Back with the fourth installment of his series on exciting young English managers in the Football League, Hugo Steckelmacher looks at Scunthorpe United’s Nigel Adkins, a man hard to pigeon-hole. Come back next week for Paul Ince!
Who needs Mourinho, we’ve got our physio — Scunthorpe fans’ regular chant, home and away.
Nigel Adkins (born 11th March 1965, age 42) is different from other football managers. For one, he was a goalkeeper, and precious few ‘keepers make it into management at the top level. What’s more, his playing career was nothing to write home about, especially compared to his young English managerial colleagues, such as Tony Mowbray and Paul Ince. And finally, he has worked for several years with a Sunday league team, has managed in Ireland, and is a qualified physiotherapist. Confused? Welcome to the hybrid world that is home to Scunthorpe United’s highly-rated manager Nigel Adkins.
Adkins’ playing days were less than colourful, although I will offer a brief outline of them to help you get a picture of the man. Of Adkins’ time in English football, the entirety was spent in the nether regions of the football league, where he gained the know-how necessary to survive in the notoriously scrappy League One and Two (perhaps one of the reasons some young English managers fail is the lack of football league experience in their playing days; conversely, the fact that Adkins never played in the top divisions may ultimately, though not necessarily, inhibit his managerial progression).
A Merseyside native, the formative years of Adkins’ professional career were spent at local side Tranmere Rovers, stuck in the wilderness of the fourth division. Having broken into the first-team at the age of 18, Adkins made 86 performances in four years as a professional for The Whites, but left in 1986, just before Rovers’ recovery and ascent under the leadership of Johnny King. This unfortunate pattern of leaving just a couple of years before his former club underwent a massive overhaul and shot up the leagues would later be repeated at Wigan. Adkins took advantage of his injury time at his local club to attend night school and gain a degree in business and finance, at the same time taking his first managerial role, obtaining huge success: he led a team from the youth division to the premier division of his local Sunday league.
Adkins’ move to Wigan Athletic was hardly a prosperous one, although he served the club extremely well, making 155 appearances, and is still fondly remembered by many fans. However, Wigan at this time were by no means a force to be reckoned with, had only ten years of football league experience (having entered the football league in 1978 in place of Southport), and remained a small-town club with limited financial clout. Having been promoted into Division Three (later Division Two after the formation of the Premiership) in the early 80’s, the club spent a decade hovering dangerously above the relegation places, before eventually succumbing to relegation in 1993, at which point Adkins departed for pastures new. As for The Latics, it was not until Dave Whelan bought the club in 1995 that their upturn would begin, by which time Adkins was long gone.
Back in 1993, meanwhile, Adkins took the unusual decision to make the step into Welsh football, joining a Bangor City side that had housed four different managers in the previous few years, and was still attempting to adjust to the Welsh league after close to 100 years in English football. Having finished a disappointing 4th in the 1992-3 season, Bangor started the 1993-4 season in excellent fashion, form which gained manager Paul Rowlands a move to Conference side Altrincham. After an impressive interview, the Bangor board showed no hesitation in giving Adkins the reins, and a string of astute signings (including the loan acquisition of Dele Adebola — the man who is currently firing Bristol City towards the Premiership — and the transfer in of Adkins’ former Wigan team-mates Carberry and Appleton) brought Bangor their first league title in several years, as well as qualifying the club for Europe for the first time since 1985.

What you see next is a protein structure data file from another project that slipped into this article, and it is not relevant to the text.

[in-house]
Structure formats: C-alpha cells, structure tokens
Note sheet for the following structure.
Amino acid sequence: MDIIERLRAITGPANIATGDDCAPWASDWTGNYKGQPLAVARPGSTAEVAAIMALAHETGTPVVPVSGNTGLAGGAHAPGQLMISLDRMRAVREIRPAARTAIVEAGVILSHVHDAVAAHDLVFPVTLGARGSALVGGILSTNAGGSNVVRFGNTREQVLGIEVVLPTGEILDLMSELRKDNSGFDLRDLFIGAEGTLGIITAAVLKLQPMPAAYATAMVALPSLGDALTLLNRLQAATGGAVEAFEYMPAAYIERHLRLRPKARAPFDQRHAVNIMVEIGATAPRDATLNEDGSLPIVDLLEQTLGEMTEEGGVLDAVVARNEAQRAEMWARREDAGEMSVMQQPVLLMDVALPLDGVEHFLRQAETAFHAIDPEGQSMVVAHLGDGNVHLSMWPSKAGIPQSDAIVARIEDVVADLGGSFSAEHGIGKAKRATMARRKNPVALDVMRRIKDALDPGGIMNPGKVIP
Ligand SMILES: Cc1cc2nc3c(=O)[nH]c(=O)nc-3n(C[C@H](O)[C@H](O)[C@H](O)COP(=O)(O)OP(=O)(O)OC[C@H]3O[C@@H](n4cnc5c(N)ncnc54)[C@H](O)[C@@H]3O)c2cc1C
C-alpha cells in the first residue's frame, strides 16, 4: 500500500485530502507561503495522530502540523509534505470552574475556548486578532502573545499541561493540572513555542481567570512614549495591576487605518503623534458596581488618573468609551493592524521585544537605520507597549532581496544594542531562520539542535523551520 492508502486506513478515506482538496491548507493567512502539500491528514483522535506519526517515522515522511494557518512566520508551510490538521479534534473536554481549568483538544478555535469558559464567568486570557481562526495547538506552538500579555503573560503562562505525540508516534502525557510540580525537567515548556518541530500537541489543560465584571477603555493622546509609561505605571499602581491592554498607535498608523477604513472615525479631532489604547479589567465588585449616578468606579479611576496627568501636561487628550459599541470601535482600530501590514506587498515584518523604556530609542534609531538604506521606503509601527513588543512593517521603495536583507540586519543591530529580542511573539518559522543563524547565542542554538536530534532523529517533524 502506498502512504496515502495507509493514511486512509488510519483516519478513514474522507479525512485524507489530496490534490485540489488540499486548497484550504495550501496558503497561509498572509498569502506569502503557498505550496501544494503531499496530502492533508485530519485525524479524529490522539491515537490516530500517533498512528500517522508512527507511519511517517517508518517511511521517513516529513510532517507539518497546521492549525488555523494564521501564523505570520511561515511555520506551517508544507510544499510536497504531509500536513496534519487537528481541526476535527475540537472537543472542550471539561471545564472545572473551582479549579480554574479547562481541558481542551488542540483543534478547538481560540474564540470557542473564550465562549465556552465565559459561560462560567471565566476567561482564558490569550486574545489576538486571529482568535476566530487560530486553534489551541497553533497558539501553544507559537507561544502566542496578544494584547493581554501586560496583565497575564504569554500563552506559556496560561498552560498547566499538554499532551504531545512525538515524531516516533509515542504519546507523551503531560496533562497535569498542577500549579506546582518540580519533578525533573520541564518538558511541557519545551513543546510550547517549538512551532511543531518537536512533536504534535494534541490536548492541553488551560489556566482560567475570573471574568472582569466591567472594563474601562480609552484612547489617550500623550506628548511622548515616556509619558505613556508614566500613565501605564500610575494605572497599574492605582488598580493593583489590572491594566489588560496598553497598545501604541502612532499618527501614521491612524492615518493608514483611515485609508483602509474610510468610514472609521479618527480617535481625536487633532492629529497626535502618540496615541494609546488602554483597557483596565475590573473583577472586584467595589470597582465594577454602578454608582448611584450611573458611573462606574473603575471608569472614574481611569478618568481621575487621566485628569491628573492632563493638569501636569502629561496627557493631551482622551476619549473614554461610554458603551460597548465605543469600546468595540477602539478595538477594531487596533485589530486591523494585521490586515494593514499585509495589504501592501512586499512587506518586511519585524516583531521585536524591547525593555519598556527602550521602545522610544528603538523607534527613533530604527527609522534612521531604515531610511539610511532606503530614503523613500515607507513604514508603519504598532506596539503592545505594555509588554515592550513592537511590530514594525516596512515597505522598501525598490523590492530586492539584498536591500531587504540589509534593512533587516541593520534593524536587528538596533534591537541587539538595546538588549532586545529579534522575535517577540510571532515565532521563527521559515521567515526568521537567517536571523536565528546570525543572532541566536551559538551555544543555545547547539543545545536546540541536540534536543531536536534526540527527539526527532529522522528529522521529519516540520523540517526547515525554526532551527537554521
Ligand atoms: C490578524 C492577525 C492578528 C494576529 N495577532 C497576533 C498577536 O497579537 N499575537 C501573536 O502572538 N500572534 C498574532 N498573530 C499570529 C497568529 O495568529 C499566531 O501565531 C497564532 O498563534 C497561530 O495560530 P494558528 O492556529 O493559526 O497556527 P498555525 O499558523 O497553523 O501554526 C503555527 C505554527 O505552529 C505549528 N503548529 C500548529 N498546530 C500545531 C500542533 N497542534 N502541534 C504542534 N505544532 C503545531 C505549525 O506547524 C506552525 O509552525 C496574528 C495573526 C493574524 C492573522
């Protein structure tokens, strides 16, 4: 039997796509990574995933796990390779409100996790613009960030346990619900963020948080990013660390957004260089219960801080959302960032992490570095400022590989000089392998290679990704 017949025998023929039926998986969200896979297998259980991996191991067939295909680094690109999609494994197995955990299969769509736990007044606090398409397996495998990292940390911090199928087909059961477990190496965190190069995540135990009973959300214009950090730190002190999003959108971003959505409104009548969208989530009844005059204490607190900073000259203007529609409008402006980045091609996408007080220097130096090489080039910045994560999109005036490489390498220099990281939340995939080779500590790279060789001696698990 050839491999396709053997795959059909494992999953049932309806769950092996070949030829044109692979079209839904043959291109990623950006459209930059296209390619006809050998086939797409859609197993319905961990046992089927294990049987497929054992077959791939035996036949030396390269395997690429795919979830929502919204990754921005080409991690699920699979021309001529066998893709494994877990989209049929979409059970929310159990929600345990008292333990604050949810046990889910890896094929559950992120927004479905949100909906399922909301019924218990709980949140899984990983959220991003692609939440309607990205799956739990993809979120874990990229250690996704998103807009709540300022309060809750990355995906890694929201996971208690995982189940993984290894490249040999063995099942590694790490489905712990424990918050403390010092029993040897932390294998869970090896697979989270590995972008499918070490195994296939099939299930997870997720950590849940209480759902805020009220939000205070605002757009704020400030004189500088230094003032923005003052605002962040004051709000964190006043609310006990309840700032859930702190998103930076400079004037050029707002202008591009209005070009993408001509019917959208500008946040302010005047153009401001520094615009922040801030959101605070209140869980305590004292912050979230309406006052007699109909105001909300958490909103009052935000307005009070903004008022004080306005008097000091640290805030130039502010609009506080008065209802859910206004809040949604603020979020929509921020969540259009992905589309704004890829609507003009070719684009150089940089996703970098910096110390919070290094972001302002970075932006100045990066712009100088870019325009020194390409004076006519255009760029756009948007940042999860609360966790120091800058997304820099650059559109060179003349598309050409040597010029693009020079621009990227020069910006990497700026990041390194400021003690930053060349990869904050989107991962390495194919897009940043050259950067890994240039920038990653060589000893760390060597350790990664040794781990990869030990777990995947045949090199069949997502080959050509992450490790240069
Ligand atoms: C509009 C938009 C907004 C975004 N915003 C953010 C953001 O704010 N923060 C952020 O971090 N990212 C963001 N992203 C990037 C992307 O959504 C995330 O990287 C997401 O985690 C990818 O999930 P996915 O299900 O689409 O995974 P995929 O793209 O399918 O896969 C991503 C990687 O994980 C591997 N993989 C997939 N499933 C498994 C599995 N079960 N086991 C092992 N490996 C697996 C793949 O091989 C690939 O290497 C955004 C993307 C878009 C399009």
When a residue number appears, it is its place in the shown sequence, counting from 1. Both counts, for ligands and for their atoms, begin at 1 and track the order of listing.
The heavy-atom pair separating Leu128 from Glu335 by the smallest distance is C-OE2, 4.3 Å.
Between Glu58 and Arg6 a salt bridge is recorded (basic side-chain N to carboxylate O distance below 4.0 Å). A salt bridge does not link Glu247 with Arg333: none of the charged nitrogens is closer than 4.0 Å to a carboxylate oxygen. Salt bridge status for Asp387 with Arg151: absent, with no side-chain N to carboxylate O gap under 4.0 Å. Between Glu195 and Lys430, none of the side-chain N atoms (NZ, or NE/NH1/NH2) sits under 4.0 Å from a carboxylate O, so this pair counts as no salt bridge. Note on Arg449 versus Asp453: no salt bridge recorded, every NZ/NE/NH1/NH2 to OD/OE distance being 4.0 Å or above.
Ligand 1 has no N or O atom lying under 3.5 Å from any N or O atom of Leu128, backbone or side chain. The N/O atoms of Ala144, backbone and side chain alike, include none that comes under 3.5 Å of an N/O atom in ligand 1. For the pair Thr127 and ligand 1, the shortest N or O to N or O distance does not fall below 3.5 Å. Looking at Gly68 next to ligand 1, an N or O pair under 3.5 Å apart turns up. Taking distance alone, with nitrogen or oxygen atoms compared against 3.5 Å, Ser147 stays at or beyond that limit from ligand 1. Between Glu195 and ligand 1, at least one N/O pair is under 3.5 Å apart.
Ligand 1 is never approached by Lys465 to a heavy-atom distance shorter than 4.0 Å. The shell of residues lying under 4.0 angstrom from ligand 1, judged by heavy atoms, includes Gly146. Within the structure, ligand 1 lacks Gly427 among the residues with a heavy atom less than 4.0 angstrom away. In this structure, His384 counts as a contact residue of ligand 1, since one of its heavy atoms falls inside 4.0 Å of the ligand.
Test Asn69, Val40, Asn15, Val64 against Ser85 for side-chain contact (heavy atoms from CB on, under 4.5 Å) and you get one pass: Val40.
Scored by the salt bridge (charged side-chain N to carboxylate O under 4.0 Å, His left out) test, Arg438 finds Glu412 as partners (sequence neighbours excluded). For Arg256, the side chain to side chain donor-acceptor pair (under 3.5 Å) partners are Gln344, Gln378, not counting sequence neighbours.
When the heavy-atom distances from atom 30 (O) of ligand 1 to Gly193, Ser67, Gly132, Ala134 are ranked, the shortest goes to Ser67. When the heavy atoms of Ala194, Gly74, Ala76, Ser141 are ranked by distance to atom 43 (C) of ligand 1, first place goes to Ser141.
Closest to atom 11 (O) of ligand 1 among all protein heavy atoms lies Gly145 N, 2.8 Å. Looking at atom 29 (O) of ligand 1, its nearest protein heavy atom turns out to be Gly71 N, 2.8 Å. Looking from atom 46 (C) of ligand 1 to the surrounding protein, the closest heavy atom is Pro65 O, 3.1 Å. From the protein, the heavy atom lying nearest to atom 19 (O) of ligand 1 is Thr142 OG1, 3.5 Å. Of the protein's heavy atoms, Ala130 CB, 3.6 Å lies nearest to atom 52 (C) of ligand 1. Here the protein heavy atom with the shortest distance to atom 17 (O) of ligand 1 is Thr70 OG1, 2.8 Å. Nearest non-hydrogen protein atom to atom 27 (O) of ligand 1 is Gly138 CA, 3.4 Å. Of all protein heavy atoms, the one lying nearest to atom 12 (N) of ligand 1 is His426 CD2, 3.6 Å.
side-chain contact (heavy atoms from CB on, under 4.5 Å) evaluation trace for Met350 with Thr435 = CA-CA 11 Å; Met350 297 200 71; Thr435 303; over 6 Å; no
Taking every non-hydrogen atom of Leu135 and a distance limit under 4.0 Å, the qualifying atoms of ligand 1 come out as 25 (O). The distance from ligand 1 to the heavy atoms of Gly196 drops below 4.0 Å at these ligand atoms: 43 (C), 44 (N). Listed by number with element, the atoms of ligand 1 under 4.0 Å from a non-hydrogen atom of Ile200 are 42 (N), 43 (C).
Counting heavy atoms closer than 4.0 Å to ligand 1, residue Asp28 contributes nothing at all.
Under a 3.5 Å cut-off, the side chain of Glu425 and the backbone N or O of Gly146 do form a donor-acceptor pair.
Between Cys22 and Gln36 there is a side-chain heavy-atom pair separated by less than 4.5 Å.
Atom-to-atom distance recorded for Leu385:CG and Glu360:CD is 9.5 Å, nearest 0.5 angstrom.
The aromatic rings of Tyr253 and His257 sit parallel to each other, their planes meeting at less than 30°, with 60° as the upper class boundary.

Although the 1995 European campaign was ended before it had really got going — Bangor, crippled by Welsh football’s 3 foreigner rule, were beaten by Icelandic champions IA Akranes in the preliminary rounds — Adkins and Bangor repeated their Welsh league success in what was a memorable season for many reasons. The league was secured by a huge margin (at one juncture as many as 22 points separated Bangor from their closest rivals), the trophy presentation was celebrated in style in an 8-0 away demolition of Connah’s Quay Nomads; relative giants Wrexham were nearly knocked out in the Welsh Cup (having been unlucky to get no more than a 2-2 draw from the first game, Bangor were defeated 1-0 in the replay in front of a crowd of more than 5,000), and Adkins’ signings continued to flourish; Mark Lloyd Williams, in particular, had a sparkling campaign, and his form earned him a move to Stockport County in the Football League.
The 1996-7 season was a disappointing one by all accounts for both Bangor and Adkins, neither of whom seemed to recover from the loss of a number of key players, including Lloyd Williams. Hopes were high after a spirited performance in the UEFA Cup saw City hold their own in the away leg of a tie (in which they had been outclassed in the first leg 4-0) against a Widzew Lodz side containing 5 full Poland internationals, but good league form did not follow. After an early Welsh Cup exit, Adkins was fired only to be re-instated some three days later by the Bangor City board of directors. Adkins’ return would prove brief, however, and he moved on after a 4-0 loss in Conwy, leaving the club in 5th position. They would finish the season in 8th.